An unexpected downturn in the market can easily have severe implications on business. This is true, even if your company’s financial situation has never been a cause for concern.
It’s important to know if a business is in trouble because directors who continue to trade while the business is insolvent risk being made personally responsible for company debts, or even a potential disqualification from directorship.
But there is a definite line between being in debt and being insolvent. This is a position that, as a company director, you must keep a careful eye on.
Here are few indicators or early warning signs that could lead to insolvency, which a company director should monitor regularly.
Company cash flow problems
Company cash flow problems aren’t necessarily an indication of company insolvency, but it’s always something to be mindful of. Many factors can cause cash flow problems, such as poor sales and a lack of credit control. However, it’s important to understand exactly what is causing problems, and manage your cash flow on a regular basis.
You have reached the limit of your bank overdraft and have been refused further borrowing without providing personal guarantees. If suppliers refuse you credit, you could be facing the early signs of insolvency. If your company regularly has to borrow money to pay creditors and staff wages etc., this is referred to as ‘ceiling borrowing’, and often suggests a company may be on the brink of insolvency.
Winding up petition
If your creditors feel that you are no longer able to pay your company debts, they can apply to the courts for a winding up petition for compulsory liquidation. The creditors only need to be owed more than £750 to submit the petition to the courts. This is typically expensive for creditors to do, and they do this as a last resort. Prior to the winding up petition, it’s likely that your company will have been served a statutory demand, with 21 days to make your repayments or dispute the demand. It is imperative to take a statutory demand seriously and devise a corrective course of action.
If HMRC are chasing you for payment, the company is already in the danger zone as they are relentless in the pursuit of bad debts. Penalties for late payment of tax can be significant, making a dire financial situation unsustainable.
If you are struggling to keep up with late payments, this could be a sign of deep-rooted problems for your company. Those late payments can also affect your company’s credit score, which could have long-lasting consequences. Late payments suggest you are not operating within your limits and will alert the bank to look into your company’s financial situation.
Directors are not paid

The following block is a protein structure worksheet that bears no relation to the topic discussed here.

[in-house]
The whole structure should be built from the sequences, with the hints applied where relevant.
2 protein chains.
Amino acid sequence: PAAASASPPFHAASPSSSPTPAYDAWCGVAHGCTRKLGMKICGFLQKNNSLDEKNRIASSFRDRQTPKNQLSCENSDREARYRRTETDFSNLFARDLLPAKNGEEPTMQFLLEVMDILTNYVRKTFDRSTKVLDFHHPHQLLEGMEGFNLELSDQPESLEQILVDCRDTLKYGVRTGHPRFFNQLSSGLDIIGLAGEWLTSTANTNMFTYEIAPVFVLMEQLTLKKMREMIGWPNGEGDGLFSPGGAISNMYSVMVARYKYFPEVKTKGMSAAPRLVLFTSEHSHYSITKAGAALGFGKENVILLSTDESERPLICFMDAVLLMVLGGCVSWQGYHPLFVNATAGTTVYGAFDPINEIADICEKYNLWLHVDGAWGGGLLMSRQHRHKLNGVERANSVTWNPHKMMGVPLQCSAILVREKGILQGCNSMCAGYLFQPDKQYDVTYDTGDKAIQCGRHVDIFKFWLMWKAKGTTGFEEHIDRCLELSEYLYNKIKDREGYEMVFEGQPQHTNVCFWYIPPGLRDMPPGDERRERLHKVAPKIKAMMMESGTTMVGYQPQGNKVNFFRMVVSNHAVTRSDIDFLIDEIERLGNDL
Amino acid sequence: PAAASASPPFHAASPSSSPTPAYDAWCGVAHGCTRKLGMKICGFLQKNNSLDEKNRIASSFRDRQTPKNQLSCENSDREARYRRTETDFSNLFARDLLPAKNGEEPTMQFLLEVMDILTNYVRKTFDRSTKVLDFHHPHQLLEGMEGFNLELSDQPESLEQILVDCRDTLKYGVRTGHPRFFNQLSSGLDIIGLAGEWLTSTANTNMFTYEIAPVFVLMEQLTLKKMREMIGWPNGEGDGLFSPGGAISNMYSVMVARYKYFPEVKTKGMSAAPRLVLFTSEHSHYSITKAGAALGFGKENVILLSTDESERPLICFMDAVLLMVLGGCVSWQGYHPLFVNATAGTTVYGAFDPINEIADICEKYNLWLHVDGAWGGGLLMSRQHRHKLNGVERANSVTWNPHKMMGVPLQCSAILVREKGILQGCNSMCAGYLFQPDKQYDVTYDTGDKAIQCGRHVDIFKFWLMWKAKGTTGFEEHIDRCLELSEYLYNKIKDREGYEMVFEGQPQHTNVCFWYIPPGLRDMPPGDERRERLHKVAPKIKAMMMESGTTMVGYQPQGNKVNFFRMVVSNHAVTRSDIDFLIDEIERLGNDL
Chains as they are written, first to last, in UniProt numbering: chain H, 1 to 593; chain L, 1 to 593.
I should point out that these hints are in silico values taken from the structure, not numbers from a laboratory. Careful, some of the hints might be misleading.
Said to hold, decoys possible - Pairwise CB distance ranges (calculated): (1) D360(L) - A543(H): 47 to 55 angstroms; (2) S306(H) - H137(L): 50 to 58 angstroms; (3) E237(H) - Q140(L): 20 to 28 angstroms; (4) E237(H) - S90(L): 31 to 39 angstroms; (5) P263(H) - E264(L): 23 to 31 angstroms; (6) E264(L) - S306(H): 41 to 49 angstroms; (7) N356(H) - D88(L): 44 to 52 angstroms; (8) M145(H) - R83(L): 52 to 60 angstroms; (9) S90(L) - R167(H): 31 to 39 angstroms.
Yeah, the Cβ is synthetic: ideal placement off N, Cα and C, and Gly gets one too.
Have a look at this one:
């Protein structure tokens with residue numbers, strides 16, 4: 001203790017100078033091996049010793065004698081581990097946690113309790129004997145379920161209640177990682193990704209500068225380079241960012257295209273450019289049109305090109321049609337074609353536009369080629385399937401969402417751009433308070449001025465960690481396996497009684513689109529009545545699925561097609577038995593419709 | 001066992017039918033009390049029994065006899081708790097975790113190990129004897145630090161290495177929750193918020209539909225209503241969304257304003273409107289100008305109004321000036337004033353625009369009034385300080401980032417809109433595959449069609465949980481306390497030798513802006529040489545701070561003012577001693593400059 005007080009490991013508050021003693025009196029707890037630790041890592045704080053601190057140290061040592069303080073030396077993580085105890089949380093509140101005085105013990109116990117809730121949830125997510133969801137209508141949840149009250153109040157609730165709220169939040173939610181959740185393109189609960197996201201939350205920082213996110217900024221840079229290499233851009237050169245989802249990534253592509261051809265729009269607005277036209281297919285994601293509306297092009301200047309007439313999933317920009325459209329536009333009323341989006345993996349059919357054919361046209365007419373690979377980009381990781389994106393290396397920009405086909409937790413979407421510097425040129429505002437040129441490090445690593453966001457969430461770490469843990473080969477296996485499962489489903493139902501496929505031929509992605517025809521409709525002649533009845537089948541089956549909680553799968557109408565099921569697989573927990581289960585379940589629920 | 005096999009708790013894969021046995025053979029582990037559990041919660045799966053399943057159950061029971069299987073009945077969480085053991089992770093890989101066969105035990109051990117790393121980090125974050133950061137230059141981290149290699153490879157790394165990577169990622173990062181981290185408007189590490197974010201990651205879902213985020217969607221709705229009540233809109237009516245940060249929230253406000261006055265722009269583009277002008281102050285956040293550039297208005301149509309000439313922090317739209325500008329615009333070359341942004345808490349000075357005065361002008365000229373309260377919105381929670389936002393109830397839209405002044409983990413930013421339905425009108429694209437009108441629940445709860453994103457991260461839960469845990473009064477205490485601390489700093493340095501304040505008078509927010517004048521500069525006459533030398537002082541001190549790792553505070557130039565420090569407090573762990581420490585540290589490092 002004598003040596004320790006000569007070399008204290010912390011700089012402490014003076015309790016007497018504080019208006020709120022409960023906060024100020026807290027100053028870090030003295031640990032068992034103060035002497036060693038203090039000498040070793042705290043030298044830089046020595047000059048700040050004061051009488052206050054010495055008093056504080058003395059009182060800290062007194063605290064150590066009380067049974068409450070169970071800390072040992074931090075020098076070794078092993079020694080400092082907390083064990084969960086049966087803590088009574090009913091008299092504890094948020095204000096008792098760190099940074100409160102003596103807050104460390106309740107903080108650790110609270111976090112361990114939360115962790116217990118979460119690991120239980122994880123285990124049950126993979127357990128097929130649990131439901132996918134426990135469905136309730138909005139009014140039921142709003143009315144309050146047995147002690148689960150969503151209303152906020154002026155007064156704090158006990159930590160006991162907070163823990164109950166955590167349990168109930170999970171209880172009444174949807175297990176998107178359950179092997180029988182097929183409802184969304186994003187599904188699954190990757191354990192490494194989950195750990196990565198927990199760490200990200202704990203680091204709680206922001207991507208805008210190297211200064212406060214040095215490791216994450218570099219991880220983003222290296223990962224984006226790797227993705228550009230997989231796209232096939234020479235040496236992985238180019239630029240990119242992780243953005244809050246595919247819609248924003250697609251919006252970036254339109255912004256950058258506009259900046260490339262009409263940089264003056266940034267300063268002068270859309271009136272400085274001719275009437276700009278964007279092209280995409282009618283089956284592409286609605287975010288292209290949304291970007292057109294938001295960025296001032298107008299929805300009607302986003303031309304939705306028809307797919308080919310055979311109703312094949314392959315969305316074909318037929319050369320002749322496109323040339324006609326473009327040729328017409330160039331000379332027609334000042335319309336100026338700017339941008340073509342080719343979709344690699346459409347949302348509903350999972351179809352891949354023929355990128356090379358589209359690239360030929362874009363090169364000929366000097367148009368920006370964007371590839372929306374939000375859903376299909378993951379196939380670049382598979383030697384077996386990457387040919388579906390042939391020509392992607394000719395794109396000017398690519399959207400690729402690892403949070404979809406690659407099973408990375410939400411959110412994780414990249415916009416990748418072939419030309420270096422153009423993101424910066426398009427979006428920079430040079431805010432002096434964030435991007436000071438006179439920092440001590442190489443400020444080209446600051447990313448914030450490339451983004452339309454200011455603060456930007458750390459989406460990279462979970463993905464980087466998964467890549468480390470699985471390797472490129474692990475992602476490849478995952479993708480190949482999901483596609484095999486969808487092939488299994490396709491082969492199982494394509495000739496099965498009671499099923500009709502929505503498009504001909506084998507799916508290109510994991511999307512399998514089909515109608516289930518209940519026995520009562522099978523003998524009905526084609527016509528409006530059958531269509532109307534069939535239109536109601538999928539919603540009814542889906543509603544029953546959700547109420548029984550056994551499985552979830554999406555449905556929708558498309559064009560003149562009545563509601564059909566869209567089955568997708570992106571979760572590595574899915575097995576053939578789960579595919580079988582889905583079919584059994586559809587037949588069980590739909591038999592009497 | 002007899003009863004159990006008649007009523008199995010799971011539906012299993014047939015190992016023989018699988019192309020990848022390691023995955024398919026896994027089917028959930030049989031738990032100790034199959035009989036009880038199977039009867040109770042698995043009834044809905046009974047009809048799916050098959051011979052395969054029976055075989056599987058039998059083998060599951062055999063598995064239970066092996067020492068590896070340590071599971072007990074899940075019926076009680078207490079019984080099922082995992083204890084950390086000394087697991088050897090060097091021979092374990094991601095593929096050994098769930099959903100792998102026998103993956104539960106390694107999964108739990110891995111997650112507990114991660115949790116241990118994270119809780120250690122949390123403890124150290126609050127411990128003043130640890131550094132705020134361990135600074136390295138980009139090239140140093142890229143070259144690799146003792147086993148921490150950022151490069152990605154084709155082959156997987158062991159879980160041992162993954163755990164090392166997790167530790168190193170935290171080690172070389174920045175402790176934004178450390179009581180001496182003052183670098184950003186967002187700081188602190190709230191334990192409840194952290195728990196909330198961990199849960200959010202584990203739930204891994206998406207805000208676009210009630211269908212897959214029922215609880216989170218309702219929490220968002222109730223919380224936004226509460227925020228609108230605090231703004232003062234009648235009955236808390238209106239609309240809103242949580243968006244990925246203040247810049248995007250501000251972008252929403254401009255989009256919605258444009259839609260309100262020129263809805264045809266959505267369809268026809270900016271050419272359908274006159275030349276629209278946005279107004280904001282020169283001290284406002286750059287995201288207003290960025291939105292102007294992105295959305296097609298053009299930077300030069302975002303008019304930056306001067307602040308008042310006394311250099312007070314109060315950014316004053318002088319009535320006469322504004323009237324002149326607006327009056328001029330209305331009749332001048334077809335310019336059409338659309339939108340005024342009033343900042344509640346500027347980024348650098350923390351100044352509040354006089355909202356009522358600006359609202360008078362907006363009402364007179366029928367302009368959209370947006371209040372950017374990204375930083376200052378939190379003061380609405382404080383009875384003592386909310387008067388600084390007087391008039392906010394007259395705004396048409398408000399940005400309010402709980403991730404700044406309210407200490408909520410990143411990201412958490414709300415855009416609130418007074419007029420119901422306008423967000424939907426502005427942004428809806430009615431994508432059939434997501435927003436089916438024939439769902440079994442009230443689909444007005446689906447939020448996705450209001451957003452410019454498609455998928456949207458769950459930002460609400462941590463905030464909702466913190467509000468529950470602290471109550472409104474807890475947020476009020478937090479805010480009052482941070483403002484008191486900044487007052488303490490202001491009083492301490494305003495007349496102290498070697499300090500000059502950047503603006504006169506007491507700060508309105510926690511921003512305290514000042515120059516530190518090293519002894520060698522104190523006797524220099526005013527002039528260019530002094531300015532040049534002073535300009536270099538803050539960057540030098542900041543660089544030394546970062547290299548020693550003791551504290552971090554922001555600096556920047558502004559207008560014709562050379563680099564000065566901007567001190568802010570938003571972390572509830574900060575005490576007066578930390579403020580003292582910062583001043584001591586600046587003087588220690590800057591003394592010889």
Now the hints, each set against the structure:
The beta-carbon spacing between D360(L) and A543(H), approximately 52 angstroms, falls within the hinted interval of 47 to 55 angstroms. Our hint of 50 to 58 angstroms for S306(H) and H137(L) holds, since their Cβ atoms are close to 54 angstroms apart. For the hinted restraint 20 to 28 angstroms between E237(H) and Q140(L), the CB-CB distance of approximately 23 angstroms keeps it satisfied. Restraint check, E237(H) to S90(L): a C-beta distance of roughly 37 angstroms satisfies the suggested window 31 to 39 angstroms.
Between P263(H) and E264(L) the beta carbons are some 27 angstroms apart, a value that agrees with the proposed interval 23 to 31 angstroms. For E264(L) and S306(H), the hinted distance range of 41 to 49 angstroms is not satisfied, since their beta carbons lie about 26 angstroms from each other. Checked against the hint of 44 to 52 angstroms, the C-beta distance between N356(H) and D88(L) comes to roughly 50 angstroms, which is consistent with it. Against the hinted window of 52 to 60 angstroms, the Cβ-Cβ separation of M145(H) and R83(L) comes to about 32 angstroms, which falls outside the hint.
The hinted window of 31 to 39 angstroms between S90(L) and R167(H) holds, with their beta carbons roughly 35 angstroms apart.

Another sign of company insolvency is a director pay freeze. If a director’s wages are affected and, effectively, stopped – even for the good of the company assets – this conveys serious problems.
Other signs of insolvency
There are several other reasons as to why a business may fall into company insolvency, and we have outlined some of the most common:
- Overtrading with a lack of funds and profit margin
- Delays in providing financial information
- Loss of major contracts
- Profit decline in particular industry
- CCJ’s against the company
- Deliveries of stock are delayed and production/sales are falling behind as a result
- No money to pay staff wages
Company Insolvency Tests
If you are worried about insolvency, there are two tests to determine whether your company is deemed to be insolvent; cash flow and balance sheet. It’s important to remember a business is regarded as insolvent, due to the Insolvency Act 1986, if they cannot pay their debts as they fall.
Cash Flow Test
The ability to pay your company debts as they fall due, or in the ‘near future,’ is generally the test for cash flow solvency. If you cannot pay your debts within the amount of time provided, exceeding payment dates, then you could be deemed insolvent.
Balance Sheet Test
The balance sheet test is designed to ascertain whether your company assets are less than your liabilities. You will need to appoint someone who is independent of the company to do this. If those liabilities exceed your assets, then your company is on the verge of insolvency – even if you sold the company assets.
What to do if your company is insolvent?
If you find that your company is insolvent you have an obligation to put the interests of creditors ahead of your own in these circumstances. This may mean that you need to stop trading immediately in order to ensure your company does not accrue further debt, and therefore reduce the value in the company.
A licensed insolvency practitioner will be able to determine whether the business needs to stop trading, or whether trade can continue if this is likely to increase the return to creditors.
A verdict of insolvency does not necessarily mean the end for your business, however. It is encouraging to note that a variety of formal insolvency options could turn your company around.
These include a Company Voluntary Arrangement, which may be suitable if creditors are threatening legal action, and Company Administration, whereby an administrator is appointed with a view to restructuring the company and returning it to profitability.
If you need help understanding the best way forward for your company, use our live chat during working hours, or call us on 0131 297 7899. We’ve helped 1000’s of directors navigate difficult financial circumstances.